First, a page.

I’ve wanted to build a match summary dashboard for quite a while. Partly due to dissatisfaction with what I can find out on the web, and partly (along the lines of my player summaries) because I really like the challenge of trying to boil a dashboard down so that it fits onto just one page.
My frustration with existing match dashboards comes in a few different flavours.
Some dashboards – like the BBC’s – are effective, but very simple.
Other views – like some of Statszone‘s – are simultaneously too detailed, without being able to communicate very much information.
I love Statszone, particularly their mobile app, but what am I supposed to do with the above visualisation? What does it tell me, beyond “football games have lots of passes”? Heatmaps suffer from the same issue. They’re pretty, but don’t communicate much.
Finally, dashboards like Squawka‘s don’t do an awful lot until you start to interact with them. These can be very powerful, but they’re not an ‘at a glance’ report. And to be fair, they’re not intended to be.
I’d like my own dashboard to do a few different jobs, in a single image that I can share. I’m looking for a one-page report for each team that tells me…
- Which game are we looking at?
- What was the balance of possession and shots?
- Which players played in the game and what were their individual contributions?
Building on those static metrics, I then want to develop them to show “is that good?”. Is it good that a certain player saw a lot of the ball?
Actually, scratch that, I can’t do “is that good?”.
We don’t know for example, how often Arsene Wenger would like Mesut Özil to receive the ball, or where he’d like him to be on the pitch when he does. We could guess, but that would be very presumptuous.
We do know where Özil usually receives the ball and how often. So instead of building targets into this dashboard, we’ll have benchmarks. How different is what happened to Özil in this game, from what usually happens to Özil and Arsenal? Benchmarks are achievable with the information that we have.
As a single page report that was designed for a team manager rather than for fans, you might want to have both benchmarks and targets.
- What happened?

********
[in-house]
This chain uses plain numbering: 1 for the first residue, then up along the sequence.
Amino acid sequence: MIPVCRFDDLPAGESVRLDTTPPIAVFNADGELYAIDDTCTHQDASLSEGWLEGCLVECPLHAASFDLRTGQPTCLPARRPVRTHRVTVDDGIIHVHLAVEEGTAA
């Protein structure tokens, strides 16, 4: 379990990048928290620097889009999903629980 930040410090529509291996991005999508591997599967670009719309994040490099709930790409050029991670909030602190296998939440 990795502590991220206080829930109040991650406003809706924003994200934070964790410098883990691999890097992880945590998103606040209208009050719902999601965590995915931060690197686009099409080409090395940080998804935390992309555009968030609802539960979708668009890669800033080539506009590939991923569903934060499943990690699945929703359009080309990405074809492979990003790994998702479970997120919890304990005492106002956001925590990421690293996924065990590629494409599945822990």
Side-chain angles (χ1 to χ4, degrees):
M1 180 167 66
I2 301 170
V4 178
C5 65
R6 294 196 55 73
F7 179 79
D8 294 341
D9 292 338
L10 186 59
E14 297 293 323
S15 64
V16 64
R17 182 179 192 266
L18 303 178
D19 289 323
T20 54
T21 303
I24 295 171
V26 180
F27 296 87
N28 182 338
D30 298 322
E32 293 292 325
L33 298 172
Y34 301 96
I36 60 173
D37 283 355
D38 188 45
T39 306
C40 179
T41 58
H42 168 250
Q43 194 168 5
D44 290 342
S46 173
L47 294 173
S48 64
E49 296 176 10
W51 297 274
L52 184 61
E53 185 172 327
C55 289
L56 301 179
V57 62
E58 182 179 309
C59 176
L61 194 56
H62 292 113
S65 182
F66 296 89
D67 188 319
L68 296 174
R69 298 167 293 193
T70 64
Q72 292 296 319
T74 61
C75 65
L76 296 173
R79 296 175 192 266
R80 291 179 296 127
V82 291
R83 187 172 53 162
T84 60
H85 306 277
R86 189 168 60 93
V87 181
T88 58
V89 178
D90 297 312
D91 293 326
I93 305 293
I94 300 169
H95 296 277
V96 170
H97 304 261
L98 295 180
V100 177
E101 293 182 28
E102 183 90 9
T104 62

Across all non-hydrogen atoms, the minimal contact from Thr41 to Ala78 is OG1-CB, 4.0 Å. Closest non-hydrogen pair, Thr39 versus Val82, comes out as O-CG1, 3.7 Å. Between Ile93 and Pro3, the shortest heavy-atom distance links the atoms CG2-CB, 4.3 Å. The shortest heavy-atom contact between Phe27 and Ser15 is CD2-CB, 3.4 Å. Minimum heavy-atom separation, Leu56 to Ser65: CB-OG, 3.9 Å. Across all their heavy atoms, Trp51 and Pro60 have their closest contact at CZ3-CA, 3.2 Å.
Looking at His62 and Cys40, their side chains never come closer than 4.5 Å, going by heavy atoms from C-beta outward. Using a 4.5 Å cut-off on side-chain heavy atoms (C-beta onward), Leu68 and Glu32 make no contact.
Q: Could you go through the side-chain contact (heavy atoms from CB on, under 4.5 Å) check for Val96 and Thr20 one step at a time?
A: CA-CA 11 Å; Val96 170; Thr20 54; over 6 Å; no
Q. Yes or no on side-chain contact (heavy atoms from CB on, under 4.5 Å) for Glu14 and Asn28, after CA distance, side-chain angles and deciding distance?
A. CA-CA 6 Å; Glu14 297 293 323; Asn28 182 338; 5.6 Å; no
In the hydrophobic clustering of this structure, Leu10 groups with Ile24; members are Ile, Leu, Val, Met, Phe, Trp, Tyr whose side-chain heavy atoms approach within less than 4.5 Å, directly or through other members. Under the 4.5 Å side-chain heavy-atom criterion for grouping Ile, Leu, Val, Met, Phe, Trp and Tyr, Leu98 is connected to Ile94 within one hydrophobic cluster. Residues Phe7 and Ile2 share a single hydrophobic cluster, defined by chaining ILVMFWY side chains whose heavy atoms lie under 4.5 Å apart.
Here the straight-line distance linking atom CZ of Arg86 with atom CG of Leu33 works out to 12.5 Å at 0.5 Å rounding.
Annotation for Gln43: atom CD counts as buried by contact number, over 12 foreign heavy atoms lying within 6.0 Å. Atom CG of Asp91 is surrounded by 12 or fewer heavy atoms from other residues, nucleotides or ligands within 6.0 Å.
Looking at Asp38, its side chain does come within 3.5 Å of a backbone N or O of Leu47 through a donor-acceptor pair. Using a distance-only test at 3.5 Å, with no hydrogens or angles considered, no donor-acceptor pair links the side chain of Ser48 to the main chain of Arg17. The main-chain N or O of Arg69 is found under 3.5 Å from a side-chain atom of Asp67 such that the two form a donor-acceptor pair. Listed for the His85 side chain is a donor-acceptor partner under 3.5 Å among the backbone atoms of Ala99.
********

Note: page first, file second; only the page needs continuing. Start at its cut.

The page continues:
- How different is that from normal? (benchmarks)
- How different is that from what we want to happen? (targets)
Enough preamble. Here are the team dashboards for Everton v Chelsea from last weekend (click for bigger).
Breaking down the sections…
1. A header
To communicate basic details about the game
2. Simple balance of play
I actually added this section last, because the detailed elements that come further down the screen left me wondering about simple aspects of the game. What was the balance of play? Which team had the most shots?
Yes, those are donut charts. I’m well aware they can be controversial but as a fast, attractive way to communicate a simple “share” indicator, they can be very useful. A number or bar chart instead would work, but detract from the overall look of the dashboard.
I’ll probably switch the raw shooting stats for an expected goals model at some point.
3. Player location on the pitch
On average, where was each player?
Is that where they would usually be?
4. Balance of possession
Which players had the ball most often?
Is that normal?
5. Attacking passes
Which players were the top sources of attacking passes? (top 5 because space is limited)
Where did those passes come from?
6. Losses of possession
Which players lost the ball most often?
Where on the pitch did that happen?
The dashboard will be developing throughout this season and I plan to tweet images from it across the key games each weekend. If you like the dashboard, keep an eye on Twitter, and if you find yourself thinking it’s ok, but missing a key element, then let me know what else should be there!